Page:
Updated on January 6, 2014
Chronological Bible: June 3, Shipwrecked…
- 2 Kings 14:23-29
- Jonah 1:1-4:11
“But the Lord hurled a great wind upon the sea, and there was a mighty tempest on the sea, so that the ship threatened to break up. Then the mariners were afraid, and each cried out to his god. And they hurled the cargo that was in the ship into the sea to lighten it for them. But Jonah had gone down into the inner part of the ship and had lain down and was fast asleep. So the captain came and said to him, ‘What do you mean, you sleeper? Arise, call out to your god! Perhaps the god will give a thought to us, that we may not perish.'” –Jonah 1:4-6, ESV
The account of Jonah is often used, and rightfully so, as a lesson on what happens when we run away from God’s calling on our lives. Sermons spoken to elucidate that God’s will shall not be thwarted. Missives penned on the disgruntled approach of Jonah. And these are applicable.
What struck me today was how this account can be a metaphor for our lives when we refuse to forgive. I will not stretch the real story to say Jonah was unforgiving (though he was pretty judgmental of the Ninevites). However, when I walk around with unforgiveness and bitterness in my heart, I may not see it, but the waves and wind around me begin to swirl. The people in my life begin to get the rough end of my emotions. And all the while, like Jonah, I hang out apart from the destruction, thinking nobody is any the wiser of my bitterness. But bitterness has to go somewhere. Physical law states that for every action, there is an equal and opposite reaction. It would seem true then that for every pent-up emotion, there is an equal and opposite result of that emotion. Sometimes that result only kills us; one need only look at the incidences of stress-related illnesses to see where pent-up emotion gets you. But more often than not, the pent-up energy expresses itself in the world around us.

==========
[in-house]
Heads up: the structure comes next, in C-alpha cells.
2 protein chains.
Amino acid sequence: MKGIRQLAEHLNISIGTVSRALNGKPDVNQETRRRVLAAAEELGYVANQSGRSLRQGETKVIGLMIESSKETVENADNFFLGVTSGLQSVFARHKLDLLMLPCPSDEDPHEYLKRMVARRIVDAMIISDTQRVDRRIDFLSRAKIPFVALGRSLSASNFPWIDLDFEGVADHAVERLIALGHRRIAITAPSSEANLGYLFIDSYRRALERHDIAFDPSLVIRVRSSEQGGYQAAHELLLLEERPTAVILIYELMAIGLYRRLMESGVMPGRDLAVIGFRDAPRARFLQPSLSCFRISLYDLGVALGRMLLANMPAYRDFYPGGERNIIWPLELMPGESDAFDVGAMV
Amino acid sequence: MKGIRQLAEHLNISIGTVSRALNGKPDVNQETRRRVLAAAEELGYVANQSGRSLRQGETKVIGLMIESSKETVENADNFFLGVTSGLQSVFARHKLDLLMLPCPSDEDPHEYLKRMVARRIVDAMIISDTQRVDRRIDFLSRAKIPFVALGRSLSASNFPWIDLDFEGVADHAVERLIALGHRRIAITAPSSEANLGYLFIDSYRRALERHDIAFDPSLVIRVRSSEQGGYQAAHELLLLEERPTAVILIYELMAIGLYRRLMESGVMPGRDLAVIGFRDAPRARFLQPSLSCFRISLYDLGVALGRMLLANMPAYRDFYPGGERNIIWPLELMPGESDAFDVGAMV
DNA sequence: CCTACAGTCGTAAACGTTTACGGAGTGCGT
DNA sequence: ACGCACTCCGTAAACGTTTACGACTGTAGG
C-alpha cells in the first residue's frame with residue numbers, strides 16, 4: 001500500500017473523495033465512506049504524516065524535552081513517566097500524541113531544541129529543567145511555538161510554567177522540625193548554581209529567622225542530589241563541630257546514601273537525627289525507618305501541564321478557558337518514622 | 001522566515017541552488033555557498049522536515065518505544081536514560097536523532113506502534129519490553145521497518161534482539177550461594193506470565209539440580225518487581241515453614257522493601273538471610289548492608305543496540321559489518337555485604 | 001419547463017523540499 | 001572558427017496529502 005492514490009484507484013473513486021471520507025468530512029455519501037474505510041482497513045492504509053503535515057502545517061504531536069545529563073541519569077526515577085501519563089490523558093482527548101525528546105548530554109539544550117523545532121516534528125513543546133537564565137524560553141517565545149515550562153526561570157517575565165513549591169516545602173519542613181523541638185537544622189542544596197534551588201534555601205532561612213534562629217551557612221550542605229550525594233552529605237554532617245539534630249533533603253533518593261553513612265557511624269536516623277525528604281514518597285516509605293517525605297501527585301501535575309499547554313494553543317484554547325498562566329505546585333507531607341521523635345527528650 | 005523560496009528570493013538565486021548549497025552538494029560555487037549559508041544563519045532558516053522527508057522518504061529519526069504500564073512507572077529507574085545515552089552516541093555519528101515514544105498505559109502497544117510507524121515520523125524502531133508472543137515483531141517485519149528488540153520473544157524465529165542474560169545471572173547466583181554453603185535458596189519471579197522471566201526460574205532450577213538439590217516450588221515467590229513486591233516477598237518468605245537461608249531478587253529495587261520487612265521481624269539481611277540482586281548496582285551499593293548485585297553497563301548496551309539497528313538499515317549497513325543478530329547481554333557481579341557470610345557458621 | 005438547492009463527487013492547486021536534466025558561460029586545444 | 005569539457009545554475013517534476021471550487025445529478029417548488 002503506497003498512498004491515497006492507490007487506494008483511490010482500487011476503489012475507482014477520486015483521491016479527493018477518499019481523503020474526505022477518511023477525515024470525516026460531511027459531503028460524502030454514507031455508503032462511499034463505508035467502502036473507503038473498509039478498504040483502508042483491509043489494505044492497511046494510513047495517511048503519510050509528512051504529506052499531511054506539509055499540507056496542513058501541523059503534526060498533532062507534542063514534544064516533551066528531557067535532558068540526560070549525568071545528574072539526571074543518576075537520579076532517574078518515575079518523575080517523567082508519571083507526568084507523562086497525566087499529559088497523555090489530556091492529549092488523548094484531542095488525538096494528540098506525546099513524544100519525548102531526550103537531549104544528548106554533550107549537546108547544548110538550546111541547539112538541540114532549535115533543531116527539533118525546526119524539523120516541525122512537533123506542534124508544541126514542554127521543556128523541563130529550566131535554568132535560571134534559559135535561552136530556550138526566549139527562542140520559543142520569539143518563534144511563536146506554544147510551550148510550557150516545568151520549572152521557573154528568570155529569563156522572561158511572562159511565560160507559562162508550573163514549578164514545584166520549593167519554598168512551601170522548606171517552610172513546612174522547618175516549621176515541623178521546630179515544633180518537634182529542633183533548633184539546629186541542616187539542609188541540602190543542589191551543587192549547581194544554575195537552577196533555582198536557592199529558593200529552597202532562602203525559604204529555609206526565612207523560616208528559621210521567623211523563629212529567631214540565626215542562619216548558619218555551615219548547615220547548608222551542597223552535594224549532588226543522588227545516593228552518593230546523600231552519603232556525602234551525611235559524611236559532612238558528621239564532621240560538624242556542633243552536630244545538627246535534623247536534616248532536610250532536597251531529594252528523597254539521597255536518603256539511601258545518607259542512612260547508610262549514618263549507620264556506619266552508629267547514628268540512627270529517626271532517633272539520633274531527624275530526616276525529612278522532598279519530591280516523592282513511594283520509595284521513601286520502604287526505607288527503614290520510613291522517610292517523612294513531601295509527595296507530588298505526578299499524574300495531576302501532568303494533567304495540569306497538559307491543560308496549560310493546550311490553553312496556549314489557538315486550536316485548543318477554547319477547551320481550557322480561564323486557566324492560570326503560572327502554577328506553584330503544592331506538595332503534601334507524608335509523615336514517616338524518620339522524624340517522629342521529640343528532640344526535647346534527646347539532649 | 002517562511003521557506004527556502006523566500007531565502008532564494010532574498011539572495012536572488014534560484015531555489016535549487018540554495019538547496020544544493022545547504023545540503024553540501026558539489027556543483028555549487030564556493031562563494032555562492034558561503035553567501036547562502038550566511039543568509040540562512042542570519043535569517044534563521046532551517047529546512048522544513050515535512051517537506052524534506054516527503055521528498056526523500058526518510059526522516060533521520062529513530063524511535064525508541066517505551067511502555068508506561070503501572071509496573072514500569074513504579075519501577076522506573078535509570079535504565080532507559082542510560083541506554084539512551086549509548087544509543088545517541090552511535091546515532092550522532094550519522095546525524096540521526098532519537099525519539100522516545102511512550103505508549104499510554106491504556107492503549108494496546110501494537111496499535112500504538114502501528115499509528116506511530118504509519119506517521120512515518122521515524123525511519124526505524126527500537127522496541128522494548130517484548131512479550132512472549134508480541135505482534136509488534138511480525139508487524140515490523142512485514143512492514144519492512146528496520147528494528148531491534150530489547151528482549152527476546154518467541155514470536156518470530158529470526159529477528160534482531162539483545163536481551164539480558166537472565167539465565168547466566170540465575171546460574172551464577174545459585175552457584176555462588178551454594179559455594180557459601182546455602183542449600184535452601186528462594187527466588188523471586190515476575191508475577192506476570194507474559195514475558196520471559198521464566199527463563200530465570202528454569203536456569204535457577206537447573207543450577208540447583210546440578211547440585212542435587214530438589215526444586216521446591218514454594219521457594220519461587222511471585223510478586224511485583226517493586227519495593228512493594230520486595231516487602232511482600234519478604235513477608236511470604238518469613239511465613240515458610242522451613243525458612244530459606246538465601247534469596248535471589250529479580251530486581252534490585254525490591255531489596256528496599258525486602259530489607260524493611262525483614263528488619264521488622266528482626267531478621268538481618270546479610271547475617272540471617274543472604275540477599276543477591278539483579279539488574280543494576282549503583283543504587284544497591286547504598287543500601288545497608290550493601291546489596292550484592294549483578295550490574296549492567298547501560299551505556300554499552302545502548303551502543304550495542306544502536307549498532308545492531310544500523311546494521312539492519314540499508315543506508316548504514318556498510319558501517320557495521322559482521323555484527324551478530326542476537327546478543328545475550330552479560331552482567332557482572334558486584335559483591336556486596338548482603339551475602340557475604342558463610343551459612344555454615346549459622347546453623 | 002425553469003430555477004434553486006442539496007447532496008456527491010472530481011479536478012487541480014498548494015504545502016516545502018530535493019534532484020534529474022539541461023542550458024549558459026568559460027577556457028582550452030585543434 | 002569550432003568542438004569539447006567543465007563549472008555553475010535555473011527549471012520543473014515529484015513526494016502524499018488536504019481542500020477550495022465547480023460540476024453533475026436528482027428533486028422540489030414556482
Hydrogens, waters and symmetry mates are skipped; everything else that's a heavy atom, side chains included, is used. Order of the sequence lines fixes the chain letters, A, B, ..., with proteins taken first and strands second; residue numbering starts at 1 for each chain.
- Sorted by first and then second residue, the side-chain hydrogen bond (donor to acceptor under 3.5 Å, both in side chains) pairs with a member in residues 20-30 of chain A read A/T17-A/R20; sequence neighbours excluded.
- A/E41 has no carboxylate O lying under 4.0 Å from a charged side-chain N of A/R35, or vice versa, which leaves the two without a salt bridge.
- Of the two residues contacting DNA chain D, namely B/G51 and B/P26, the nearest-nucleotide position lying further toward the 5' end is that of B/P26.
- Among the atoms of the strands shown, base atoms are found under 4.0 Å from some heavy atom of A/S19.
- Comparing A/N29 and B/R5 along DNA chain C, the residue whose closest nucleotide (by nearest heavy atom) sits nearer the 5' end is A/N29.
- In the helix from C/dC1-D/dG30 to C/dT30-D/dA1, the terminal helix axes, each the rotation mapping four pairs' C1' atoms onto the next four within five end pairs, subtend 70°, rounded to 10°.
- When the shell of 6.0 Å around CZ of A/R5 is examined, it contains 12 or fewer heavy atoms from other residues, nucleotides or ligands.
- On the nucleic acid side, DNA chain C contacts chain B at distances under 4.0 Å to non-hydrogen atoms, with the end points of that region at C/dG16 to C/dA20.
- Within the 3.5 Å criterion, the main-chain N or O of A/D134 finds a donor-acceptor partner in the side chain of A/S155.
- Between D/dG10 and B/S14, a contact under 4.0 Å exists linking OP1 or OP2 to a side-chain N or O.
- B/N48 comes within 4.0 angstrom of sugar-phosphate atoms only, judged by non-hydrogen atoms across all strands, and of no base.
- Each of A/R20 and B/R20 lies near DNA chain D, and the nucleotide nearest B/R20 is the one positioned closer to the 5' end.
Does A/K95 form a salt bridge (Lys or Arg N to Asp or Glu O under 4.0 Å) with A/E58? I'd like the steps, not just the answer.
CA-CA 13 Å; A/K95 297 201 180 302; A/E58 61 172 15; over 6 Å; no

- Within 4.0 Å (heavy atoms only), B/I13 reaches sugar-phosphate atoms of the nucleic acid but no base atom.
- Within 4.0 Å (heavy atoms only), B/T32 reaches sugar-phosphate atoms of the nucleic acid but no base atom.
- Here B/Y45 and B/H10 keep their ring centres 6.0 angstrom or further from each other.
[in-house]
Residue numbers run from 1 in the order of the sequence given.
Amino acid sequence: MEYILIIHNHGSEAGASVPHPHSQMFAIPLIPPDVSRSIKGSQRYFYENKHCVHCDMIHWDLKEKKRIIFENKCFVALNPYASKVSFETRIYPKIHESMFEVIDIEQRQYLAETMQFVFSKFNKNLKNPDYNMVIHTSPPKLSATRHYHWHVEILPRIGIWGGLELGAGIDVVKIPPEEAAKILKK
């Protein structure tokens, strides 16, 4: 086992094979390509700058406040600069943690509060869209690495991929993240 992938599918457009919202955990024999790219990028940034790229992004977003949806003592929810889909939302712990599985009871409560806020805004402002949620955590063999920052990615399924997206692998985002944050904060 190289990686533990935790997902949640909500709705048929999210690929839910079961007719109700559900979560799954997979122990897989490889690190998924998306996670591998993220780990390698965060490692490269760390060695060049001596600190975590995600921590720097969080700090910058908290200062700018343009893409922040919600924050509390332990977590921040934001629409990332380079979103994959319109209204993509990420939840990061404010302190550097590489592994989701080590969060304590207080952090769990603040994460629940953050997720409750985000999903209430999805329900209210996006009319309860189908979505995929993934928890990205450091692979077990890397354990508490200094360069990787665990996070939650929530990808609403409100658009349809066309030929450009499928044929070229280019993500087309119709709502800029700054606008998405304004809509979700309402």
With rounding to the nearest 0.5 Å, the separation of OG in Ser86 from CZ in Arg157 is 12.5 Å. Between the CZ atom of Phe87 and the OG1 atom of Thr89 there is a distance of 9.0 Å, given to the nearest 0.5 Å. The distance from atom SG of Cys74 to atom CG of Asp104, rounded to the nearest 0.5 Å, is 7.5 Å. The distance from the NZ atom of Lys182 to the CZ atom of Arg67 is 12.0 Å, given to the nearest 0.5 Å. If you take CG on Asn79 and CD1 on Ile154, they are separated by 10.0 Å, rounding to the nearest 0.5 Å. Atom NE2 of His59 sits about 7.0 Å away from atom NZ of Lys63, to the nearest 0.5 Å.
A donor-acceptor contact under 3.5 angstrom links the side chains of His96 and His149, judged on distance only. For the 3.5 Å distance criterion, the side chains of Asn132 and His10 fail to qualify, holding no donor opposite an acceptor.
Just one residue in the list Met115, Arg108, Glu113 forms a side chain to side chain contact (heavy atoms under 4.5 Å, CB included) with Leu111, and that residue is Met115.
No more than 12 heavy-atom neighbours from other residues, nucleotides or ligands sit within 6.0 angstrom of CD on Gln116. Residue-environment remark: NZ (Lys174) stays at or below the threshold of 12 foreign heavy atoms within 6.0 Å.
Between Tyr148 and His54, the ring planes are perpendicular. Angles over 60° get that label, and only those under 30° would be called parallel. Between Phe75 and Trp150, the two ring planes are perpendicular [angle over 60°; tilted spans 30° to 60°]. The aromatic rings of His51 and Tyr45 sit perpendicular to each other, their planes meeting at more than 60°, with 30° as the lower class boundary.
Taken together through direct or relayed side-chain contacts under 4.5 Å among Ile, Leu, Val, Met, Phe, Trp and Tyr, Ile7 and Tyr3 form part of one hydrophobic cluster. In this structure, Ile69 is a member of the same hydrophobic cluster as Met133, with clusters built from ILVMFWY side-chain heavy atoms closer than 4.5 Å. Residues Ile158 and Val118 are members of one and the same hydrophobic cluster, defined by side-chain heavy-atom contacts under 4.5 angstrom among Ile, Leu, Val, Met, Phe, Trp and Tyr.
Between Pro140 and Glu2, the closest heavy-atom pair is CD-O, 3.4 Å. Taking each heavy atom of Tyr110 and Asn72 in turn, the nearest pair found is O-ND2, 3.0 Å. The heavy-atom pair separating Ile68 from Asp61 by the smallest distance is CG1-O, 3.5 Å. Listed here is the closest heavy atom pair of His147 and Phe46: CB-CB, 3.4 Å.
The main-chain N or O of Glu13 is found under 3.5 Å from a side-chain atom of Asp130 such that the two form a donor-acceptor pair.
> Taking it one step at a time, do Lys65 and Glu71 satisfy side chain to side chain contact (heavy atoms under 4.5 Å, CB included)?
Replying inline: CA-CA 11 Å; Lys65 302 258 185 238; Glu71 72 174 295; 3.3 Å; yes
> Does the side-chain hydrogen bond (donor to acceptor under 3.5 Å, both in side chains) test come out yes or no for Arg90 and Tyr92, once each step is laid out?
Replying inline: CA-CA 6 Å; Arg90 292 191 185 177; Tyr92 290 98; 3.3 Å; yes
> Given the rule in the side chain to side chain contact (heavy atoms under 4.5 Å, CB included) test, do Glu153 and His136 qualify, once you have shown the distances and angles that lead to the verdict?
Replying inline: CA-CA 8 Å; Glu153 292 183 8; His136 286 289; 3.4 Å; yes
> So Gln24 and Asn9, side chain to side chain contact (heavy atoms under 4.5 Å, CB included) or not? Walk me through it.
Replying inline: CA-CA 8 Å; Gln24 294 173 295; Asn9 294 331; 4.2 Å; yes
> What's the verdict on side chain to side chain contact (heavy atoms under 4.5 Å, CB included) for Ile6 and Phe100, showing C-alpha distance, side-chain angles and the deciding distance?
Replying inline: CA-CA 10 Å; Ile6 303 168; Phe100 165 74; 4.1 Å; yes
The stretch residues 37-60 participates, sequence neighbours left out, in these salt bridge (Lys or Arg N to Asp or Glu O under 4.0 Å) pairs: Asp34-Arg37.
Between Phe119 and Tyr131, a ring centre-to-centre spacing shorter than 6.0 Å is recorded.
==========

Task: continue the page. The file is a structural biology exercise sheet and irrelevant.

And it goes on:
If you are hanging onto bitterness, deceit, or unforgiveness (or any other negative, sinful thoughts), take a step back and look how the winds and the waves of your life are reacting. Take stock. Then take care of the emotion. It will not go away. Like the men on the boat with Jonah, the world will take note, and they will eventually figure out it is your negative influence destroying the ship. Take care of it now; save yourself and your companions in life. Holding the grudge is just not worth the price.